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Valuable Lessons – Super Ghouls and Ghosts

Welcome back to Valuable Lessons. Last week we explored UWR—I walked you through my creative process, and together we arrived at what I feel is an optimal list for Standard’s best control strategy. This week, we’ll be exploring the non-[card]Sphinx’s Revelation[/card] side of Standard.

Don’t get me wrong—I still think [card]Sphinx’s Revelation[/card] is the most powerful card in Standard. However, the current format doesn’t give you much wiggle room, especially on Magic Online. In many live tournaments, the aggressive decks are underrepresented to the point that its extremely rare to face a deck like Gruul Aggro or Naya Blitz. Magic Online is very different. There’s a hyper aggressive deck in your face just about every other round when you hop into a Daily Event. I’ve probably played against Gruul/Blitz/Mono-Red in about half of my matches in heads-up queues this week.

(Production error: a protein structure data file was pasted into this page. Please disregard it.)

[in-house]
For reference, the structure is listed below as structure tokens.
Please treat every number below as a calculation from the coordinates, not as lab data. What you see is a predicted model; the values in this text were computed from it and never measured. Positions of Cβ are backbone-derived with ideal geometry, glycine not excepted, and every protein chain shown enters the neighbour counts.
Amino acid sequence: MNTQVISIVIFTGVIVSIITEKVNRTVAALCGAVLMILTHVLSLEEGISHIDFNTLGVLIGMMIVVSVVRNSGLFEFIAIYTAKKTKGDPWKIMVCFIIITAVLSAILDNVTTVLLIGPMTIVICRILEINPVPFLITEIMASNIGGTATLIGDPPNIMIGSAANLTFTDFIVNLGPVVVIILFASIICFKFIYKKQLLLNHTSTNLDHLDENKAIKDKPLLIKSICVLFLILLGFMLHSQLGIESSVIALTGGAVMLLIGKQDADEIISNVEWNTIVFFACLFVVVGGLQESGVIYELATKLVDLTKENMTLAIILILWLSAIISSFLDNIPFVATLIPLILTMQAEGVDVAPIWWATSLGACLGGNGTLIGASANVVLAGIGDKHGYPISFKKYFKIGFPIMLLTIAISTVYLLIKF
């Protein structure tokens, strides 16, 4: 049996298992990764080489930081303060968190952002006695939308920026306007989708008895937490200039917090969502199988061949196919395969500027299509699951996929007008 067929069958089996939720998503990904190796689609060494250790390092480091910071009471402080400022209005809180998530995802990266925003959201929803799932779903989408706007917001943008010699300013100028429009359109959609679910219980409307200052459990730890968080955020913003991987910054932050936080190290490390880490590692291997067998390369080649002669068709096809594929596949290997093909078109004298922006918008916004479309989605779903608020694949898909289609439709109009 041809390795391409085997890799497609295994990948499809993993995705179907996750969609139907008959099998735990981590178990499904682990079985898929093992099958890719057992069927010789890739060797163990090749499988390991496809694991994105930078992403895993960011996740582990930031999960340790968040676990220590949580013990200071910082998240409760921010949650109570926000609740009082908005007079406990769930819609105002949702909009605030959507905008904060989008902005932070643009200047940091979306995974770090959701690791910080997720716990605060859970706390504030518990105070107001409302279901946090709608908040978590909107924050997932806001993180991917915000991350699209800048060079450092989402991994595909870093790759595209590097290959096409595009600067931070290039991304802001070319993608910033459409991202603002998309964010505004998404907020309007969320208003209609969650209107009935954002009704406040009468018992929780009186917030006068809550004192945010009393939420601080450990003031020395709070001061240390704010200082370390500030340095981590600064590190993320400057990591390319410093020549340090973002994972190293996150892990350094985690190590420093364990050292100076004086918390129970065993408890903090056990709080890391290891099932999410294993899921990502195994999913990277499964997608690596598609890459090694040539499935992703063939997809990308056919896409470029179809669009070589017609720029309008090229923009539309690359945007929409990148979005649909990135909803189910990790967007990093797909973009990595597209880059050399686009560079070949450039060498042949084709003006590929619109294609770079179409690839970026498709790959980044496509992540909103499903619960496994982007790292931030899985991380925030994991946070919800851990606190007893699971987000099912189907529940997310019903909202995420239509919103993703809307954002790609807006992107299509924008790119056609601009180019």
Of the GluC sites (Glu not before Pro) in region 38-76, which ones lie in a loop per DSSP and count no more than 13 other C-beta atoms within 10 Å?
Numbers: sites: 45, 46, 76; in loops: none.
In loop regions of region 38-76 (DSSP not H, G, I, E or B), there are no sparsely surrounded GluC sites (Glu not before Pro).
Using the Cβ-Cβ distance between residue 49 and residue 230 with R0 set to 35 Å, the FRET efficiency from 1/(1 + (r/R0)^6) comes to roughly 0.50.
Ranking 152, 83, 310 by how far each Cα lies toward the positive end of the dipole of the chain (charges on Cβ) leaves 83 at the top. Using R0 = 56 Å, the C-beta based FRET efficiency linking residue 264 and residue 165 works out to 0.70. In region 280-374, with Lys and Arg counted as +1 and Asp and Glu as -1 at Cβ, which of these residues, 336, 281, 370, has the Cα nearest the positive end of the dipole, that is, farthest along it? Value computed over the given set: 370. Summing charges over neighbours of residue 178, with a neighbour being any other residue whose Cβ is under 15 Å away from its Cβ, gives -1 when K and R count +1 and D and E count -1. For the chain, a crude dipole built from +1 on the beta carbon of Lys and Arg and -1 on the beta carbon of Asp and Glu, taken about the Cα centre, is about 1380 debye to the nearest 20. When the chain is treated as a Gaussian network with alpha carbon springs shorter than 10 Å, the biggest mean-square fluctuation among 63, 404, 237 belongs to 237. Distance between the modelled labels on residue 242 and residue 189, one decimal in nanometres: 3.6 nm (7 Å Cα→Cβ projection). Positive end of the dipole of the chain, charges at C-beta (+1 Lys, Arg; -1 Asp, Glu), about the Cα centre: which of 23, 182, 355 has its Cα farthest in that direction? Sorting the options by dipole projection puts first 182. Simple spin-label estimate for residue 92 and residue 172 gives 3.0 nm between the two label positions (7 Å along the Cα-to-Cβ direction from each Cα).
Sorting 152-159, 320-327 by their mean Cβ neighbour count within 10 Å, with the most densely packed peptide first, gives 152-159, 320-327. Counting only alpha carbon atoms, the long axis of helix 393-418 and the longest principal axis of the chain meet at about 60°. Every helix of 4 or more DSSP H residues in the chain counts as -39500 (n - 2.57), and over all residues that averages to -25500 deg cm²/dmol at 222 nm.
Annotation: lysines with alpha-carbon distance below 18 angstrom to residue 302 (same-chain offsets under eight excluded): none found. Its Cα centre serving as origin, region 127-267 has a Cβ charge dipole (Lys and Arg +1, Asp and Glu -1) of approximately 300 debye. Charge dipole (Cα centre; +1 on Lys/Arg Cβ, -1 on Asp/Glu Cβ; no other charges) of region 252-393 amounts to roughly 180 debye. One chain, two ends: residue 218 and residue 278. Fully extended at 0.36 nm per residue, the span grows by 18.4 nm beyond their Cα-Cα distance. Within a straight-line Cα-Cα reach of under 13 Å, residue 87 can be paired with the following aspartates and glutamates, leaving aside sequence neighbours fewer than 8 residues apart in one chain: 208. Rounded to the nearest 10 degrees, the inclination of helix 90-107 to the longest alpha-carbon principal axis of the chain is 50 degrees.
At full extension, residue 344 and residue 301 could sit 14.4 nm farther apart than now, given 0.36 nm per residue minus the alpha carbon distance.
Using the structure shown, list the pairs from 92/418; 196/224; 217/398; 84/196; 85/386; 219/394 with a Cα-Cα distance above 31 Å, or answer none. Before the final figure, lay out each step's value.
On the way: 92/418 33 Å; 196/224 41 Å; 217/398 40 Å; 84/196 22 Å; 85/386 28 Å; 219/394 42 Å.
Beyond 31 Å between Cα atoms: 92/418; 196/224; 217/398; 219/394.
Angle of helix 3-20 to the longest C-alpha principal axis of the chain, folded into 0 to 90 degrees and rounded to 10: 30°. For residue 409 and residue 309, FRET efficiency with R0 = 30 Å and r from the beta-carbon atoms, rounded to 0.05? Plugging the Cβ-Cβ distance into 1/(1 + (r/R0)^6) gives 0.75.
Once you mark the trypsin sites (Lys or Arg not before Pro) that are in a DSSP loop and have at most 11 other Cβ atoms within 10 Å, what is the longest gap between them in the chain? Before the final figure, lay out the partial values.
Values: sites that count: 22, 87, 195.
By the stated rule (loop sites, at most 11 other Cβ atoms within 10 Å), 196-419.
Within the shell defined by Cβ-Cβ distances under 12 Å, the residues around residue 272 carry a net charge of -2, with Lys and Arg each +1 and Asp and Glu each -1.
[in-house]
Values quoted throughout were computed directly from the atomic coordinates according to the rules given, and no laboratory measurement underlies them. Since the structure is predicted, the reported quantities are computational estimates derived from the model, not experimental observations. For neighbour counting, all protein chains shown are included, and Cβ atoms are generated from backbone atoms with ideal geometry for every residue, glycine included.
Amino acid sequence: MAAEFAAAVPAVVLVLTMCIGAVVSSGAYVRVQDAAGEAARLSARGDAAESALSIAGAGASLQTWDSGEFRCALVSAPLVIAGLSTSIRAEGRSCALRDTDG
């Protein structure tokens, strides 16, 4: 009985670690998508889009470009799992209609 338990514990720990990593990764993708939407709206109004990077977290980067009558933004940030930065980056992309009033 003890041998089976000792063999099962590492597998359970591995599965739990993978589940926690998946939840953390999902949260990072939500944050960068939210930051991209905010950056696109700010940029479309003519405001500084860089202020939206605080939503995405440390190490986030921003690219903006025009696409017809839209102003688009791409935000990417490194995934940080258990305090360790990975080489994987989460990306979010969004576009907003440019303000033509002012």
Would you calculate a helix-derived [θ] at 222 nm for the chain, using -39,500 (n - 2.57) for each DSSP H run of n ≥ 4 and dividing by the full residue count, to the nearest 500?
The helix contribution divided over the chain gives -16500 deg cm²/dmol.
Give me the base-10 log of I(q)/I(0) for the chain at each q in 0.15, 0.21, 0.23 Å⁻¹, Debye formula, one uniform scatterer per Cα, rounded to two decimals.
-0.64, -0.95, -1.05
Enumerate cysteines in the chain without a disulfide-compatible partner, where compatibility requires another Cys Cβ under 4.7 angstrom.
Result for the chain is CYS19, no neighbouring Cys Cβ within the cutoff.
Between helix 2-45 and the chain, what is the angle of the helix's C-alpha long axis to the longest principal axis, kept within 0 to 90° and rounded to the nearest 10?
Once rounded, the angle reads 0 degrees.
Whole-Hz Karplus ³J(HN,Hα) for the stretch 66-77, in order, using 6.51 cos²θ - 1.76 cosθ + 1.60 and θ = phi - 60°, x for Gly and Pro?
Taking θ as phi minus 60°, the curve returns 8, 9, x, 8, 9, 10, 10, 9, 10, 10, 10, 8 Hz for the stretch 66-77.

The aggressive and midrange decks of Standard all pose unique questions to the control deck. Sometimes the Revelation player needs double [card]Pillar of Flame[/card] or [card]Pillar of Flame[/card]/[card]Snapcaster Mage[/card]. Other times [card]Supreme Verdict[/card] is the only card that can solve the current problem. This makes it very hard to leave countermagic mana open on turns five and six, which is probably where your opponent is going to resolve a [card]Thragtusk[/card], [card]Obzedat, Ghost Council[/card], or [card]Thundermaw Hellkite[/card]. Then you’re on the back foot, and your mana will be tied up dealing with the board and further threats from your opponent’s hand. If you draw enough lands to make [card]Sphinx’s Revelation[/card] worthwhile in the midgame, then you’re probably just dead, if you draw the right mix, then you’ll probably just be tapping out for a Revelation for 3 when your opponent has a resolved threat that requires a specific answer.